A UK version of the free biomedical research server PubMed Central will provide free access to a permanent online archive of peer-reviewed research papers in medicine and the life sciences.
UK research funders, led by the Wellcome Trust, awarded the contract to develop UKPMC to a partnership between the British Library, The University of Manchester and the European Bioinformatics Institute (EMBL-EBI).
Members of this group now require that articles describing the results of research they support are made available in UKPMC with the aim of maximising its impact. The UKPMC service will ensure that articles resulting from research paid for by any member of the funding consortium will be freely available, fully searchable and extensively linked to other online resources.
The UKPMC essentially mirrors the US PubMed Central database but as of 8th January 2007, UK scientists will also be able to submit their research outputs for inclusion in UKPMC.
Mark Walport, Director of the Wellcome Trust commented: “Medical research is not complete until the results have been communicated. The development of UKPMC provides a great opportunity for this research to be made freely available, and I am very pleased that a first class partnership of the British Library, the University of Manchester, and the European Bioinformatics Institute will be running it.”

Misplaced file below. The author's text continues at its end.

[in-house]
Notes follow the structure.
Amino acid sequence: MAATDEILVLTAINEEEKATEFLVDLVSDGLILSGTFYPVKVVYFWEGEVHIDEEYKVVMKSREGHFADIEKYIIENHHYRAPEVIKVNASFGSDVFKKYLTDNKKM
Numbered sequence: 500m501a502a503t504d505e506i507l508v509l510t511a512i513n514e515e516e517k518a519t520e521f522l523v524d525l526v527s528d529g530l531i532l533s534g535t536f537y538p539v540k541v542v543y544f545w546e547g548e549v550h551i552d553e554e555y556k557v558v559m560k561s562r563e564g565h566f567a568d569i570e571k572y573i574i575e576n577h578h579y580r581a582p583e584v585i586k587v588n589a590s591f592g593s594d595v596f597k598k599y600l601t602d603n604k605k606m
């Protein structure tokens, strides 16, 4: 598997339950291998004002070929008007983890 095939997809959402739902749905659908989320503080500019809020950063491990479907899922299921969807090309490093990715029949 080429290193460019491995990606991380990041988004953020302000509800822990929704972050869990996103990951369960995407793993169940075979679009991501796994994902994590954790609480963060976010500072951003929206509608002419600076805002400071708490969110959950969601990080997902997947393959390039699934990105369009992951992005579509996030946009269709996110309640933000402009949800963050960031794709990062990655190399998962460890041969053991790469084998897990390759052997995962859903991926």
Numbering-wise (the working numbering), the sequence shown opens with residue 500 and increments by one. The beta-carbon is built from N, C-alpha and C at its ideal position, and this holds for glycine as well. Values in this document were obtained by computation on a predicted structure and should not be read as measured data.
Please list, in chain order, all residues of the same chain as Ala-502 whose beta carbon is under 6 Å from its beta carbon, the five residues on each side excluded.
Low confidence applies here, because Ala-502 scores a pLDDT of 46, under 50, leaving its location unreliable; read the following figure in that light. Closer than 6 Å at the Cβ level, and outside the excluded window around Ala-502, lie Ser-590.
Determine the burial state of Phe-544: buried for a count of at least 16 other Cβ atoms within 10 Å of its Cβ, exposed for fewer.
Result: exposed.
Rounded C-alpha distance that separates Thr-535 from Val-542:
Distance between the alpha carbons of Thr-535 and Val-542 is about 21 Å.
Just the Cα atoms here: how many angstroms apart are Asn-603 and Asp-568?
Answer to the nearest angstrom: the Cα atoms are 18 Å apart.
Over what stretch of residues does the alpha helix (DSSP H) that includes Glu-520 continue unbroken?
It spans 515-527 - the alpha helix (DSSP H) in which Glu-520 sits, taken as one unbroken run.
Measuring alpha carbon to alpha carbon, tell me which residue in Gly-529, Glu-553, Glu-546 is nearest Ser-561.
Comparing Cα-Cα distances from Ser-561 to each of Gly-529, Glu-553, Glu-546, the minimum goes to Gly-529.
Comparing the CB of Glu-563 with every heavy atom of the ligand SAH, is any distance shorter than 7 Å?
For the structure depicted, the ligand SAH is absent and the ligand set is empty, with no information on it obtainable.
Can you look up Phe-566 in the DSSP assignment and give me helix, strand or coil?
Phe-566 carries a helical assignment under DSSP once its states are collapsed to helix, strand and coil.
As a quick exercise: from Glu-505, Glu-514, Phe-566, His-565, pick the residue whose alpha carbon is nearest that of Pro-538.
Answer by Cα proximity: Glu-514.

The British Library will run the service, promote it to researchers, as well as offering support for those who want to include their research papers in UKPMC. The University of Manchester hosts the service – on servers based at MIMAS (Manchester Information and Associated Services) – and will support the process of engaging with higher-education users. EBI, which is part of the European Molecular Biology Laboratory (EMBL), will contribute its biomedical domain knowledge and state-of-the-art text-mining tools to integrate the research literature with the underlying bioinformatics databases.
The launch of UKPMC brings into sharp relief once again the ethical debate surrounding scholarly publication. The Wellcome Trust has insisted that authors publish research arising from its funding in open access repositories since 1st October 2006.
Writing in PLoS Biology in 2005, Robert Terry (Senior Policy Adviser at the Wellcome Trust, Cambridge, United Kingdom), discussing the plans for UKPMC at the time said, “For a funder, having all its research in one format, “under one roof”, and searchable will improve the efficiency of strategy setting—for example, setting funding priorities—assessing the outputs of the funded research, and even gaining an insight into the impact of the work. As grants management becomes more electronic, there can be a direct link between original research proposals and the research outputs.”
According to AJ Cann on MicrobiologyBytes recently, this widely adopted funding-body policy already means “publishers are over a barrel – sign up or sign out.”